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out its annual variations to the tropicks, as a late in-
genious author supposes *; I do not think it very easy
to imagine, that (notwithstanding the motion of the
sun) men should in the antediluvian world from the be-
ginning, count by years, or measure their time by pe-
riods, that had no sensible marks very obvious to dis-
tinguish them by.
No two parts

$. 21. But perhaps it will be said, withof duration out a regular motion, such as of the sun, can be cer- or some other, how could it ever be known tainly known that such periods were equal? To which I to be equal.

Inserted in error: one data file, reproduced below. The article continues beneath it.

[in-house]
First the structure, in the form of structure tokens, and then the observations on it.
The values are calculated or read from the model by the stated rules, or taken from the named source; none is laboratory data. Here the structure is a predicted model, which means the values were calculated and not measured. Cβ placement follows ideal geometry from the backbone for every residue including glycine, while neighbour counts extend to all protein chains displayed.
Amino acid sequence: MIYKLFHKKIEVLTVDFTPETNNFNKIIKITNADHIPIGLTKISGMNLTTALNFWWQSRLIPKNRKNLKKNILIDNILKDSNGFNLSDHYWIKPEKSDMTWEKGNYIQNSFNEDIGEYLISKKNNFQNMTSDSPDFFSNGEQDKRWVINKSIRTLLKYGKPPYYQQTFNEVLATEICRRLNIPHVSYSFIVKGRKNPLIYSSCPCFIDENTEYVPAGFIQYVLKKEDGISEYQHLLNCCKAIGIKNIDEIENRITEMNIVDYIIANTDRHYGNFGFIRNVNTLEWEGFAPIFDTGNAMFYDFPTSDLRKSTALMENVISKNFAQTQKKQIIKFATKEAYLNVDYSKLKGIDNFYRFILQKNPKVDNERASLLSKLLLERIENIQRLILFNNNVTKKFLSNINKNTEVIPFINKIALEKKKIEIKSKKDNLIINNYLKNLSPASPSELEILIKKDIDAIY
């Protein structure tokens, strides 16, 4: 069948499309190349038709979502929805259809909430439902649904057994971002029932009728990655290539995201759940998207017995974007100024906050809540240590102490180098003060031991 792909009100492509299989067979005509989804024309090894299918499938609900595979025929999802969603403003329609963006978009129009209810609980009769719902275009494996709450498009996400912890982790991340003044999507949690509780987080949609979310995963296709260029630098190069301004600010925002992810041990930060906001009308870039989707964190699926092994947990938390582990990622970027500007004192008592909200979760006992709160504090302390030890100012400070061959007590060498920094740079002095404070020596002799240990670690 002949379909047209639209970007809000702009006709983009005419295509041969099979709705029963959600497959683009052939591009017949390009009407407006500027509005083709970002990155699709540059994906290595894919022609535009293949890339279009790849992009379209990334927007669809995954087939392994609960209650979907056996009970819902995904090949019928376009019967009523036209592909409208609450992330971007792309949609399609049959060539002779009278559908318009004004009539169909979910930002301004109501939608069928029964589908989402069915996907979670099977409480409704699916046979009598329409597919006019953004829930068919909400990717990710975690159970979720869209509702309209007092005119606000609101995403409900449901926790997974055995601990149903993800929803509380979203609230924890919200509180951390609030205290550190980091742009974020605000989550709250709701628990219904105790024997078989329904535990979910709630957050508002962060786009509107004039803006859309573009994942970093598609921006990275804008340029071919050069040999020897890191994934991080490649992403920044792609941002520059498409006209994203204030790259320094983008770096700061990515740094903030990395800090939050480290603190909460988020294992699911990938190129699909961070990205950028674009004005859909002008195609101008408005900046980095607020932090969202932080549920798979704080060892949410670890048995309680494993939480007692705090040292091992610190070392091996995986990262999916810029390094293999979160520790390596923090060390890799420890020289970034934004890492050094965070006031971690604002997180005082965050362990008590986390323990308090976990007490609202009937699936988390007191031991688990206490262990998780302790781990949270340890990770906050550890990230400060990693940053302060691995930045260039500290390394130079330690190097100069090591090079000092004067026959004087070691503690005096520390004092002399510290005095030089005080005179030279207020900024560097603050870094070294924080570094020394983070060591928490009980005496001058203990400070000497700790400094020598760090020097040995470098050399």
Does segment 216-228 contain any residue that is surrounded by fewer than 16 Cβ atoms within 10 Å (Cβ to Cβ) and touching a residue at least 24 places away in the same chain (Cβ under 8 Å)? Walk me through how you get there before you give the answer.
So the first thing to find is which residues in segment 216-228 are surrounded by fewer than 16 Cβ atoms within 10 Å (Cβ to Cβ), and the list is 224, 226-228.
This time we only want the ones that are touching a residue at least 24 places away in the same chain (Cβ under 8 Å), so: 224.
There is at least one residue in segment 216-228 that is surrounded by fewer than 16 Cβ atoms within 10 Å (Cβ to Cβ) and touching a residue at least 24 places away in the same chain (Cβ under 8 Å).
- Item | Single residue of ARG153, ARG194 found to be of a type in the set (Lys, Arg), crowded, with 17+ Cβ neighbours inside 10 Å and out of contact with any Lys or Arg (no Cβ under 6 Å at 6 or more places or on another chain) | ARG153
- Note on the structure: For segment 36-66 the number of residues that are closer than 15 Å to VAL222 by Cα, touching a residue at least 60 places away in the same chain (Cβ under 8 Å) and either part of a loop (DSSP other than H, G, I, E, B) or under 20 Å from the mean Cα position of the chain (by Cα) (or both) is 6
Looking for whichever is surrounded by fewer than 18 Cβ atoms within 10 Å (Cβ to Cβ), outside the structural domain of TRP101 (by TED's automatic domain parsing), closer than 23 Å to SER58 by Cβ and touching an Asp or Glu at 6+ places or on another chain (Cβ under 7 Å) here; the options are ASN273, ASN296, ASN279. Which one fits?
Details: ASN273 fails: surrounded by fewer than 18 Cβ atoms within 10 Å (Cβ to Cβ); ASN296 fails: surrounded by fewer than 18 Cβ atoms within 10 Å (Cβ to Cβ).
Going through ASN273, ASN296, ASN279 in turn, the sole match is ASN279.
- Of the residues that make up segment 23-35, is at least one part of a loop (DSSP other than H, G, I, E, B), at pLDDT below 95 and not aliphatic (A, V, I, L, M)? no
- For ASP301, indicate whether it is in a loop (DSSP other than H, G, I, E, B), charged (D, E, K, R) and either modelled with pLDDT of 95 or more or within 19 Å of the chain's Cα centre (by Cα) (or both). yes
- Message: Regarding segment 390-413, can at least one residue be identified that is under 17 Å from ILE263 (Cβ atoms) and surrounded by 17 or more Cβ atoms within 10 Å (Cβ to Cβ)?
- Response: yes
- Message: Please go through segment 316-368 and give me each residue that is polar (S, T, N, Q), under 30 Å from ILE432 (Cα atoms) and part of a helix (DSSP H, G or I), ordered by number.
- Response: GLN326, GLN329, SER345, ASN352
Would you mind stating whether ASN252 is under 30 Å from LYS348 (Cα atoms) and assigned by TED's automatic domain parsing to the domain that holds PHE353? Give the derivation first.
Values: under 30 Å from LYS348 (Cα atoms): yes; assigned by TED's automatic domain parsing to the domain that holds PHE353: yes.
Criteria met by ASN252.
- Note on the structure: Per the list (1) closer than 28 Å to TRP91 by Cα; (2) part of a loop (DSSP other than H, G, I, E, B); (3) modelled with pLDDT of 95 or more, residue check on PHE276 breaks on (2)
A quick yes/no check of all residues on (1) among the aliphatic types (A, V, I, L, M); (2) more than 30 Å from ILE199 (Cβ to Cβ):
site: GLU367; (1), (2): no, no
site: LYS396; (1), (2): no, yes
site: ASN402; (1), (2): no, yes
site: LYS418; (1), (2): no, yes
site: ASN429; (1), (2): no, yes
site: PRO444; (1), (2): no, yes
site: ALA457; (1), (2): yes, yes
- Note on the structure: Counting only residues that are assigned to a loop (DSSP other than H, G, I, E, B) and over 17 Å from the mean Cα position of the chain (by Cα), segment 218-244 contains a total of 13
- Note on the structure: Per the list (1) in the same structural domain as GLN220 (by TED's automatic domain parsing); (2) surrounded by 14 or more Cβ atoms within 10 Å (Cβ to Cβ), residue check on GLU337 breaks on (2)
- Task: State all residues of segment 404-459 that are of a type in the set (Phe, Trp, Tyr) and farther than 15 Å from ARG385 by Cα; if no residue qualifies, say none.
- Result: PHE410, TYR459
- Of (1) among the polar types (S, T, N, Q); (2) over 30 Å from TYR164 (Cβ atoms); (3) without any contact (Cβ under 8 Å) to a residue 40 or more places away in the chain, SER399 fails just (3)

answer, the equality of any other returning appearances might be known by the same way that that of days was known, or presumed to be so at first ; which was only by judging of them by the train of ideas which had passed in nien's minds in the intervals : - by which train of ideas discovering inequality in the natural days, but none in the artificial days, the artificial days or rugbúuspe were guessed to be equal, which was sufficient to make them serve for a measure : though exacter search has since discovered inequality in the diurnal revolutions of the sun, and we know not whether the annual also be not unequal. These yet; by their presumed and apparent equality, serve as well to reckon time by (though not to measure the parts of duration exactly) as if they could be proved to be exactly equal. We must therefore carefully distinguish betwixt duration itself, and the measures we make use of to judge of its length. Duration in itself is to be considered as going on in one constant, equal, uniform course : but none of the measures of it, which we make use of, can be known to do so ; nor can we be assured, that their assigned parts or periods are equal in duration one to another; for two successive lengths of duration, however measured, can never be demonstrated to be equal. The motion of the sun, which the world used so long and so confidently for an exaet measuro ot duration, has, as I said, been found in its several parts unequal : And though inen have of late made use of a